In each of the past four months I have posted cartoons on different issues in school reform (see “Digital Kids in School,” “Testing,” “Blaming Is So American,” and “Accountability in Action”). This month I am posting cartoons about charter schools. I ran into a problem, however.
Of all the cartoons on charters that I found, every single one opposed them. I scoured the Internet and could not find a pro-charter cartoon. I do understand that the nature of cartoons is to satirize and caricature but those I found hammered again and again the theme that charters are, at best, harmful to, and, at worst, destroying public schools. I hope readers will point me to pro-charter cartoons that while they satirize still show positive features of this form of parental choice that has spread dramatically in the past two decades.
Since the initial charter school law was passed in Minnesota in 1990, there are now about 5,000 charters (2010) across the nation enrolling 1.4 million students (2009). Unlike public schools, charters can limit how many students they accept because of the space they have and the type of program. As a result, those charters that have established positive reputations with parents often have waiting lists and use lotteries to select their students.
Like public schools, charters vary in quality. Some are first-rate, some are mediocre, and some have been closed for academic failure and financial irregularities. There is nothing magical about being a charter school. Charter schools do not traffic in miracles. It takes a lot of work and money to launch a charter and, like businesses, many fail in the first few years. It takes a heap of work and dedication–and money also–to keep a charter school on course and thriving. (Note to readers: I serve on a board of trustees that governs four charter schools in northern California).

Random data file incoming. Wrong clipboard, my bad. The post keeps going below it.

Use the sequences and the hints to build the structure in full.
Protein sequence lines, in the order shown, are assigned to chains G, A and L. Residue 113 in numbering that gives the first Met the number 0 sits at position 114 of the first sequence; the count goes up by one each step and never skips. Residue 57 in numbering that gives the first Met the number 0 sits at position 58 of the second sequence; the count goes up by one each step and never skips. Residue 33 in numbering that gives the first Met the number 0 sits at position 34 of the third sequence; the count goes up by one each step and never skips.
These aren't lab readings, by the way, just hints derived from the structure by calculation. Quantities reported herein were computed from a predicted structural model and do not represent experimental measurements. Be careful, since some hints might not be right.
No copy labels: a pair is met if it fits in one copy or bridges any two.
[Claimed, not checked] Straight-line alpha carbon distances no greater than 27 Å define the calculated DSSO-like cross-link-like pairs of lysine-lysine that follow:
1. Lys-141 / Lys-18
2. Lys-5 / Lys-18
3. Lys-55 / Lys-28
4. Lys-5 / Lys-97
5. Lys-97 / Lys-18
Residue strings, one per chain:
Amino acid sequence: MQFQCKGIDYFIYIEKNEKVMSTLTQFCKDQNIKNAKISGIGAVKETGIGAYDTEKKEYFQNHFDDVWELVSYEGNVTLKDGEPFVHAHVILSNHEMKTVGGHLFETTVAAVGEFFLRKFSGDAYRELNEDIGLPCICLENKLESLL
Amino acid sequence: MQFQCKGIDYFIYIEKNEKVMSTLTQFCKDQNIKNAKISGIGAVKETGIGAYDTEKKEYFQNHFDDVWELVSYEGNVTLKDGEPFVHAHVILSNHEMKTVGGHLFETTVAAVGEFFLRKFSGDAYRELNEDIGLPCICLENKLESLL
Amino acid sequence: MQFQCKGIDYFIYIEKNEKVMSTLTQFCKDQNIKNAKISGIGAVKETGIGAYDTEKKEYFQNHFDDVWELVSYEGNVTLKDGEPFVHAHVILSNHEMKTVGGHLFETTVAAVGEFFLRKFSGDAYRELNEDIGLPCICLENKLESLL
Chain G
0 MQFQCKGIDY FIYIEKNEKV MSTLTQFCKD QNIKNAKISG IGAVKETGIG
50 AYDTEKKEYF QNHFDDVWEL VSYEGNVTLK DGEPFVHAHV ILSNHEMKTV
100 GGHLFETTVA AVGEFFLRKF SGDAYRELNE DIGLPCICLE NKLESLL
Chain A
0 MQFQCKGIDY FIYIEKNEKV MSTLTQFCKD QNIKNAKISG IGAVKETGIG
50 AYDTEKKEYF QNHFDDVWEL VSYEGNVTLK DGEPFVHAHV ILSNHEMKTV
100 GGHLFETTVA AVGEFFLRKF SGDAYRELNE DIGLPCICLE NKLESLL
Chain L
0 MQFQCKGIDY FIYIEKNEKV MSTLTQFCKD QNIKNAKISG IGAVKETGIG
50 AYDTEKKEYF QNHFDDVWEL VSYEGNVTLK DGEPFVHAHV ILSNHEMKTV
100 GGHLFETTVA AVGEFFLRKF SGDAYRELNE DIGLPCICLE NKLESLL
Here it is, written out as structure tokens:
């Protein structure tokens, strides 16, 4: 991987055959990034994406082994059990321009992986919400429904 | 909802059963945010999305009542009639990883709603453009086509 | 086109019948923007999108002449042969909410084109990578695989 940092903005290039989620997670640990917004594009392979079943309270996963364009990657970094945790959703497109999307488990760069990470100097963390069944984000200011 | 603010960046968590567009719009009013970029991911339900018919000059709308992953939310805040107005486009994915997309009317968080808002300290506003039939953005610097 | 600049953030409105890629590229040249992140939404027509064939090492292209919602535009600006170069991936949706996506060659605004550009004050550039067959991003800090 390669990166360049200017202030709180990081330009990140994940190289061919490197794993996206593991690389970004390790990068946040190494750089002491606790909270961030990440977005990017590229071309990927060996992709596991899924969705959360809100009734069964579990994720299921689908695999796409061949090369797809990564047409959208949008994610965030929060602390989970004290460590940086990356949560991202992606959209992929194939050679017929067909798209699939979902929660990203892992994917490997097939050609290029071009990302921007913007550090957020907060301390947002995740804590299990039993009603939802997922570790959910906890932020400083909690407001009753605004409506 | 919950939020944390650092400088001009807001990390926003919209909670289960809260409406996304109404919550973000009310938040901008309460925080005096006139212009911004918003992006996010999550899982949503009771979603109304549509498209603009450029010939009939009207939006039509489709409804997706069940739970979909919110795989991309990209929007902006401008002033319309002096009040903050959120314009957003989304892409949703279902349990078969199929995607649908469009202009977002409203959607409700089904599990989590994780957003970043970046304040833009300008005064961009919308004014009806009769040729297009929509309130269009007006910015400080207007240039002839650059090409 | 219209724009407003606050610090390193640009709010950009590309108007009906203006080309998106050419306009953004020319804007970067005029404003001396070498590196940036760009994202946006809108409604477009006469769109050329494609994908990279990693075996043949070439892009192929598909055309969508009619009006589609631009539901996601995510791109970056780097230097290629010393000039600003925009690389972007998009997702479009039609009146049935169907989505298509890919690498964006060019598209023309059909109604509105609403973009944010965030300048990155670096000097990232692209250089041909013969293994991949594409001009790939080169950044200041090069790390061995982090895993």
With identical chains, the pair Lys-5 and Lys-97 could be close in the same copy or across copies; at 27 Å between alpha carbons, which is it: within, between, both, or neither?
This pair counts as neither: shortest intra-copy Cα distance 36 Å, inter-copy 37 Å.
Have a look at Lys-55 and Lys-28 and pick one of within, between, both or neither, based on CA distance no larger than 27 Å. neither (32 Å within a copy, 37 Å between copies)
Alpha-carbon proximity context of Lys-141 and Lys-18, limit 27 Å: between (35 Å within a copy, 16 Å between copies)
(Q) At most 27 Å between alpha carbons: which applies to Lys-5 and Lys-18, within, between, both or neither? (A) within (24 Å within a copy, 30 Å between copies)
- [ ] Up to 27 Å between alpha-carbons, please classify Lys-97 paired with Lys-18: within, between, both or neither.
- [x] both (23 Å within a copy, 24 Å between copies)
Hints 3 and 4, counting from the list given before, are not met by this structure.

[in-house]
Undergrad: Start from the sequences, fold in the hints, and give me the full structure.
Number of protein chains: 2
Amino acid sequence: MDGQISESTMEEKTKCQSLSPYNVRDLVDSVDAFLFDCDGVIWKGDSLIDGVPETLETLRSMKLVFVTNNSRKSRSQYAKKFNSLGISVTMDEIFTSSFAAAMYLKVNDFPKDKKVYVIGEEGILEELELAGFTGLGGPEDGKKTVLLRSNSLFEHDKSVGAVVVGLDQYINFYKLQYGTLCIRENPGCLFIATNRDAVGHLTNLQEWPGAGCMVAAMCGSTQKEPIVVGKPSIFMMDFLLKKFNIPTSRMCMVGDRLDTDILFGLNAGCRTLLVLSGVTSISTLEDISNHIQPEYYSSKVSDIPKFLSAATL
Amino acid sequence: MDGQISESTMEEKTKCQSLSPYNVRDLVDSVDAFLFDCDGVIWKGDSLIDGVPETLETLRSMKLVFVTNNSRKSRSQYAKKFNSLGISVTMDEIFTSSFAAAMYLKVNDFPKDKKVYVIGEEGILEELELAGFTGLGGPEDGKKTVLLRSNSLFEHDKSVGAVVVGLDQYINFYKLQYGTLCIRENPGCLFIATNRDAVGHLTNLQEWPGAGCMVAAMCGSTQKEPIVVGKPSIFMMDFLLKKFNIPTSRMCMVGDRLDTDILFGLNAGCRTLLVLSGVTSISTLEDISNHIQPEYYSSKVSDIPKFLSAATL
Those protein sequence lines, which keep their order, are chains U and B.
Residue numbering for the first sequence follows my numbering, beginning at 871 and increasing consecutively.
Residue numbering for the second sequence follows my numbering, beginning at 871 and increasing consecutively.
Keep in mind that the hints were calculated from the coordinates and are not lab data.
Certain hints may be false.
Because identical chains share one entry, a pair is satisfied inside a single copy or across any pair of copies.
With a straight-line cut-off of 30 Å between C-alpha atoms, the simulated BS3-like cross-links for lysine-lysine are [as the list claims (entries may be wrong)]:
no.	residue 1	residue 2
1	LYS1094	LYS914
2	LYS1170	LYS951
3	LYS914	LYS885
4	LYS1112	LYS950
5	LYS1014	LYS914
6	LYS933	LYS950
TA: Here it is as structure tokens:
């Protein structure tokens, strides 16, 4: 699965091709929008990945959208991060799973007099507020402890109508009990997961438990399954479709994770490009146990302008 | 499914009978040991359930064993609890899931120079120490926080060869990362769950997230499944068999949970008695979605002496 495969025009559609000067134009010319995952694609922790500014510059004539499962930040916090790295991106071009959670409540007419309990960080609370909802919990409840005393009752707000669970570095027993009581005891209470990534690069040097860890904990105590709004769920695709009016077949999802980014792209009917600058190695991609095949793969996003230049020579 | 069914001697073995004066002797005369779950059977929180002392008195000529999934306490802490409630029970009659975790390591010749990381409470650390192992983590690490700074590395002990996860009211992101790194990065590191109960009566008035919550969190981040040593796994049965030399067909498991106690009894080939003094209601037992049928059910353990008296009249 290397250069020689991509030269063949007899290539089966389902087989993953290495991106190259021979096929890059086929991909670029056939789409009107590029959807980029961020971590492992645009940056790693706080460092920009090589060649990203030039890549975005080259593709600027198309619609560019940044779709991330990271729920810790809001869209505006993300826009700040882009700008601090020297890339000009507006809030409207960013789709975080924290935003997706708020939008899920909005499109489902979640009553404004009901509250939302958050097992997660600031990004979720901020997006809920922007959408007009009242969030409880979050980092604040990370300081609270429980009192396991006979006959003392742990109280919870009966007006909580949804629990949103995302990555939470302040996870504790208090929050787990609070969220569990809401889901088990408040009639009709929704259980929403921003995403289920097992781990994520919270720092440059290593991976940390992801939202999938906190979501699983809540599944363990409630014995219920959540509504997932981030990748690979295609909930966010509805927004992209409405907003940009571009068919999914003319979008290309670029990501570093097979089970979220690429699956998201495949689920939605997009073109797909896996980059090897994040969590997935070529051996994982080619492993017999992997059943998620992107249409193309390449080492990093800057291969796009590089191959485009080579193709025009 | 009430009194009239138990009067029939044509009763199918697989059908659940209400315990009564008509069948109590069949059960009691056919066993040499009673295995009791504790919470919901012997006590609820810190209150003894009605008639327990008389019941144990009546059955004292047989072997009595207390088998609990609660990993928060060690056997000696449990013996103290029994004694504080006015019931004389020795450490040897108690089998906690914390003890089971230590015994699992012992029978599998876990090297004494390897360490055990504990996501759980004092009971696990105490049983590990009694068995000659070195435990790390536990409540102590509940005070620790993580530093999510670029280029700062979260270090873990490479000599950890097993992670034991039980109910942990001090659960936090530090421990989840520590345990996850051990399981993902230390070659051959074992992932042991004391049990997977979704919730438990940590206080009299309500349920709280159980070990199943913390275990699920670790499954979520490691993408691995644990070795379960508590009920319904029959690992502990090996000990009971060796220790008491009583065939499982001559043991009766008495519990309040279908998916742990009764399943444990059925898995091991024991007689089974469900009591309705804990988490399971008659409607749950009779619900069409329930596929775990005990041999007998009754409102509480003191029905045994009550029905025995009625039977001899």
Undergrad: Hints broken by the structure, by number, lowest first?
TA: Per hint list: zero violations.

Now to the cartoons.
The next one refers to the Philadelphia (PA) public schools and then Superintendent Arlene Ackerman.
As I noted above, I could not find pro-charter school cartoons. So, for those readers wanting the pluses of charter schools, “Waiting for Superman,” the David Guggenheim documentary that has been both praised and panned, offers one person’s view of charter schools saving children whose only choice was a neighborhood elementary or middle school. Here is a YouTube interview with Michelle Rhee, former Chancellor of the Washington, D.C. schools who is featured in “Waiting for Superman.”